Lakers vs. Warriors takeaways: Russell Westbrook debut falls flat
Russell Westbrook walked into the Lakers postgame interview room Tuesday night wearing a gold T-shirt and red pants while talking on his cell, his answers to the media curt.
At times he had his hand on his chin and pecked at his phone.
It obviously was not the Lakers debut that Westbrook envisioned, his first game beside LeBron James and Anthony Davis, his first game back in his hometown, his first game to show the basketball world and those inside Staples Center why he was acquired from the Washington Wizards.
He missed nine of 13 shots, all four of his three-pointers, and finished with just eight points. Last season, Westbrook scored fewer than 10 points only once.
Asked about James and Davis offering words of encouragement following the Lakers’ season-opening 121-114 loss to the Golden State Warriors, Westbrook responded with a two-word answer.
“We talked,” he said.
Despite the efforts of LeBron James and Anthony Davis, the Lakers’ shooting and defensive woes added up to a 121-114 loss to the Golden State Warriors.
Here are five takeaways from the Lakers’ loss:
1. Westbrook never looked comfortable
He had five rebounds and four assists, but he was a minus-23 in the plus-minus department.
Because he attended Lawndale Leuzinger High and UCLA, he was asked about playing for a Lakers team that he followed in high school and in front of all the courtside stars with 17 NBA championship banners in the rafters.
“Um, I would say I wasn’t paying much mind, to be honest,” Westbrook said. “Nothing different than a normal gameday. Just happy to be home.”
Was he trying to do the right thing to fit in with James and Davis?
“I just got to figure it out,” Westbrook said. “That’s all.”
Was there anything you can take out of this game?
“Um, I’ll look at it and see,” Westbrook said. “Watch the film and see. But you know we didn’t win so there may be some stuff, but not much. At least from my perspective.”
2. Comic relief
Since Westbrook wasn’t forthcoming about his conversations with his teammates, James was willing to share what he said.
“I told Russ to go home and watch a comedy,” James said. “Do something that can put a smile on his face. He’s so hard on himself. I told him, ‘Don’t be so hard on yourself. It’s one game. I understand the competitor that you were. We’re all competitors and we all feel like s— when we don’t play well and play to our abilities. So, I completely understand that as well.’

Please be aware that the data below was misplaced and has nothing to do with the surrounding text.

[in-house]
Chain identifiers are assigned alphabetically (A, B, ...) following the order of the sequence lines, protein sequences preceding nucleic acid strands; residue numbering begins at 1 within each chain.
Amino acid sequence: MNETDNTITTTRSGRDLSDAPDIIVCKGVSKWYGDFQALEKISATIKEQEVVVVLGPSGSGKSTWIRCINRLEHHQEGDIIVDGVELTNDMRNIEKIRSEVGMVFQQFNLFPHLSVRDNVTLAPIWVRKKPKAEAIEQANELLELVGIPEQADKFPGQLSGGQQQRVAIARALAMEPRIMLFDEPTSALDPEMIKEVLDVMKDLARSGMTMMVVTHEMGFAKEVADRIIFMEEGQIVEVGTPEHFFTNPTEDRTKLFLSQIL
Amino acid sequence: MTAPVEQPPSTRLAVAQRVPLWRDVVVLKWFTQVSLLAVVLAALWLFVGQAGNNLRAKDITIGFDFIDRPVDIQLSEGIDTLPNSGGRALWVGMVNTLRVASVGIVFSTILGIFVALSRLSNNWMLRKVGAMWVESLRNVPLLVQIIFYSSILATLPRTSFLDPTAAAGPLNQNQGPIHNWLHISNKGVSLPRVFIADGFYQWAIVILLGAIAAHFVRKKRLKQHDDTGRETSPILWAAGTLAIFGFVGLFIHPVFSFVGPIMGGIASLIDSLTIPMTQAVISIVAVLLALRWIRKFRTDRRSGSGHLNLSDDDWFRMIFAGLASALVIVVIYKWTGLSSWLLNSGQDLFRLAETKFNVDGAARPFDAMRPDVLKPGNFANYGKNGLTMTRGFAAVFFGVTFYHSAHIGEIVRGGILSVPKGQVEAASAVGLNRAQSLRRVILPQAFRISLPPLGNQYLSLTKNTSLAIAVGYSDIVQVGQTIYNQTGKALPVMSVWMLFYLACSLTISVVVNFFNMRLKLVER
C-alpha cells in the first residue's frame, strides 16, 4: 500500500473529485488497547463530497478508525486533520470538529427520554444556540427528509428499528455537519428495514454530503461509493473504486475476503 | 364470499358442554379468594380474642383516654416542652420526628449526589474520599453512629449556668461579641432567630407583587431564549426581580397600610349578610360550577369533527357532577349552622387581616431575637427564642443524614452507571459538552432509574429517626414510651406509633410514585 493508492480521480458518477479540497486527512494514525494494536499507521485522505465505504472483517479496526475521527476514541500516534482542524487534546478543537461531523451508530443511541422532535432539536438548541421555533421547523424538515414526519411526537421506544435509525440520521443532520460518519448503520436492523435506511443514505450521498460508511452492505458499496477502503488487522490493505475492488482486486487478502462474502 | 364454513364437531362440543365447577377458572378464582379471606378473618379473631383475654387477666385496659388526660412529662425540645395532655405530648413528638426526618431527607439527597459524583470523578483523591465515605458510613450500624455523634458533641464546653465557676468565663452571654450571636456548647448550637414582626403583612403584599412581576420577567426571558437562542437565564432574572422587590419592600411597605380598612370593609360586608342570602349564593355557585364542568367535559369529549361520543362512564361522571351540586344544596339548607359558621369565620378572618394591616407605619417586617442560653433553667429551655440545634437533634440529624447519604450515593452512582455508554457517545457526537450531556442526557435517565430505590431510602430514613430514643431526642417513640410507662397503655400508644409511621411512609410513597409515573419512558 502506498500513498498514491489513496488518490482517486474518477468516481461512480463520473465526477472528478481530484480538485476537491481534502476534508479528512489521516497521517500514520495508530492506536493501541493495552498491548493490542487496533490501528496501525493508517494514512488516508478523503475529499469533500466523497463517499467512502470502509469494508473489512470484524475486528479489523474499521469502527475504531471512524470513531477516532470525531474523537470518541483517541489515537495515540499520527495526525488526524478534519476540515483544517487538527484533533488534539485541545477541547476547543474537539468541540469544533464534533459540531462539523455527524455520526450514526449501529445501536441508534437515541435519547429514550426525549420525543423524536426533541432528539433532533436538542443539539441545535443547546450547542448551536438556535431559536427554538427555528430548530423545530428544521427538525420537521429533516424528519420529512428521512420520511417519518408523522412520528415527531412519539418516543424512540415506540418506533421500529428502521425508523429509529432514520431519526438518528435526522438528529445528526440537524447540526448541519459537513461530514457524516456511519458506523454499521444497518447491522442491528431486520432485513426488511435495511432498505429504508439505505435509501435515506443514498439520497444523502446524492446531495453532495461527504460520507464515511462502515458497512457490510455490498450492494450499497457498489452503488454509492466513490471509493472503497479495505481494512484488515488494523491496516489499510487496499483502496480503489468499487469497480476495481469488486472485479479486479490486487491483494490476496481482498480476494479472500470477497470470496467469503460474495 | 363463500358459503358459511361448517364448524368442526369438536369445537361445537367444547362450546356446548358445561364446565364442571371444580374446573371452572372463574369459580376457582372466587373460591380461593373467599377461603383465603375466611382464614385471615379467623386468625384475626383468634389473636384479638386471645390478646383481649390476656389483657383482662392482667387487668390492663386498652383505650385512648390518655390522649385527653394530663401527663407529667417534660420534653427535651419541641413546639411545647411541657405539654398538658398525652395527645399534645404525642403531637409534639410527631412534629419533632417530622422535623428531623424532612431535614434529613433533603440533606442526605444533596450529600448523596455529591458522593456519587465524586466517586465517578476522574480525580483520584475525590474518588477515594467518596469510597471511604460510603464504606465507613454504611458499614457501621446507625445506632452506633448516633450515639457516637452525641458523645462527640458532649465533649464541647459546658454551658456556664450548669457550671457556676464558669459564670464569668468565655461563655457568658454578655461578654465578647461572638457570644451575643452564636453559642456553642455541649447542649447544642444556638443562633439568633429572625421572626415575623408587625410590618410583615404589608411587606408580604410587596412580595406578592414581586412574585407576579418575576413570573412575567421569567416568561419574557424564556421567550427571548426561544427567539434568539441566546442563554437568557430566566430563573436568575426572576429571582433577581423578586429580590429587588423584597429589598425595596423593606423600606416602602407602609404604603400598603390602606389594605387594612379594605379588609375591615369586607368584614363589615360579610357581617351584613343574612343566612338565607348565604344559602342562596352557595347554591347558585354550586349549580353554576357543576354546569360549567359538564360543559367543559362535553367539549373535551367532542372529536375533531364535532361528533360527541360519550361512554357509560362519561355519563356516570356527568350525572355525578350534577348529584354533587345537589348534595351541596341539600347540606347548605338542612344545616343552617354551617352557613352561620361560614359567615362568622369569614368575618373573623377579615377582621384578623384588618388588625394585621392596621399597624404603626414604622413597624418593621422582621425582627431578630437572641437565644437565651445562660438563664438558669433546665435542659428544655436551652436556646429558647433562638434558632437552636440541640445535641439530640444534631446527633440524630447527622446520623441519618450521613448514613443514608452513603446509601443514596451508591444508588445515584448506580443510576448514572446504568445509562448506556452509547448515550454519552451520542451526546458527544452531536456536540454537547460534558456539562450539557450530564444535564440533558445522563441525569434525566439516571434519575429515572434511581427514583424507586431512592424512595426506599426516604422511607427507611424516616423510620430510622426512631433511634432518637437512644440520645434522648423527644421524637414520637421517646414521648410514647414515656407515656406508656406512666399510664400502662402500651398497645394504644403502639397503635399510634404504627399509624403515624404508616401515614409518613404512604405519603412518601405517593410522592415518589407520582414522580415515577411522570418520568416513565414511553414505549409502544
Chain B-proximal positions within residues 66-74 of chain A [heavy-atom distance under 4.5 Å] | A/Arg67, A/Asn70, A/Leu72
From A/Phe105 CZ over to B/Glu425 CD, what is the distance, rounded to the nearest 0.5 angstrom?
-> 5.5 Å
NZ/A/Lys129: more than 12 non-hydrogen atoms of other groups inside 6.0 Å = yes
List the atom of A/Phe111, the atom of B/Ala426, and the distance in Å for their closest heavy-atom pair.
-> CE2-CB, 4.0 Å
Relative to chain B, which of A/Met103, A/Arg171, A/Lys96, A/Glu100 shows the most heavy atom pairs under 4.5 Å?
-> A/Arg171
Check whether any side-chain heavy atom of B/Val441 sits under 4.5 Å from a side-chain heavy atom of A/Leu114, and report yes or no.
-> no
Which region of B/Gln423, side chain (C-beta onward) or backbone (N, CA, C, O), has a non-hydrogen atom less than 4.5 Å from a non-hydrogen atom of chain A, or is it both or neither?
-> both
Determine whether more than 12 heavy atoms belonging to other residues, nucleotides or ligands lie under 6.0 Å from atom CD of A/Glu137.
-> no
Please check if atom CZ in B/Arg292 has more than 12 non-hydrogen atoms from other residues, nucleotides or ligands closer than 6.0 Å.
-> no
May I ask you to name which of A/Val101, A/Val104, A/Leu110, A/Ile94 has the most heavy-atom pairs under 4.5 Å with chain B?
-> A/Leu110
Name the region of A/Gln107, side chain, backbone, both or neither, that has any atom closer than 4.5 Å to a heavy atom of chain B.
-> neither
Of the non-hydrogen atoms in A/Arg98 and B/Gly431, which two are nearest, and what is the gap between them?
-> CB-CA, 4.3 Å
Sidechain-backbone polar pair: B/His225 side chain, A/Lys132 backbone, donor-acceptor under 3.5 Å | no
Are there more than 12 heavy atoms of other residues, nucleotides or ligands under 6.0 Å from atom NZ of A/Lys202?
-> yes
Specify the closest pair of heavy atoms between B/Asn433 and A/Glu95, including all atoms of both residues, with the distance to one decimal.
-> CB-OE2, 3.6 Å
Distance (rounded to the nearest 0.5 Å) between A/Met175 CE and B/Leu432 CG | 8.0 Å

While the Lakers struggled in a season-opening loss to Golden State on Tuesday night, fans at Staples Center were in midseason form in their return to packing the place.
“I just don’t want him to be so hard on himself. That was the one thing that I hoped to get through to him — don’t be so hard on himself.”
3. The Big Two
James (34 points) and Davis (33 points) were the only Lakers to score in double figures.
That’s not going to get it done for the team.
They were a combined 28 for 49 from the field and each had 11 rebounds.
“Those two guys were spectacular,” Lakers coach Frank Vogel said. “Obviously big nights for both of them. We’re going to be pretty good if we get those type of performances.”
4. Bradley boost
The Lakers got a big lift from veteran guard Avery Bradley.
He entered the game in the fourth quarter and went made two of three shots from three-point range.
The Lakers were awarded Bradley on a waiver claim last week after he had been released by the Warriors.
He played 49 games for the Lakers during the 2019-20 championship season but declined to join the team in the bubble because of health concerns for his son. He averaged 8.6 points and 2.3 rebounds while playing strong defense.
His ability on the defensive end was a big reason why the Lakers brought him back.
5. Defenseless at the finish
At the end of the third quarter, the Lakers led 85-83.
Then their defense went away in the fourth quarter, giving up 38 points.
“Well, we didn’t finish quarters well the whole night. I think they closed the gap at the end of the third,” Vogel said. “And then, obviously, you gave up a 38-point fourth quarter, so you do that, you’re gonna lose most nights. Our defense is just not on a string yet. I thought we did a good job being up on Steph [Curry], but the backside was much better in the first half than the second half.”
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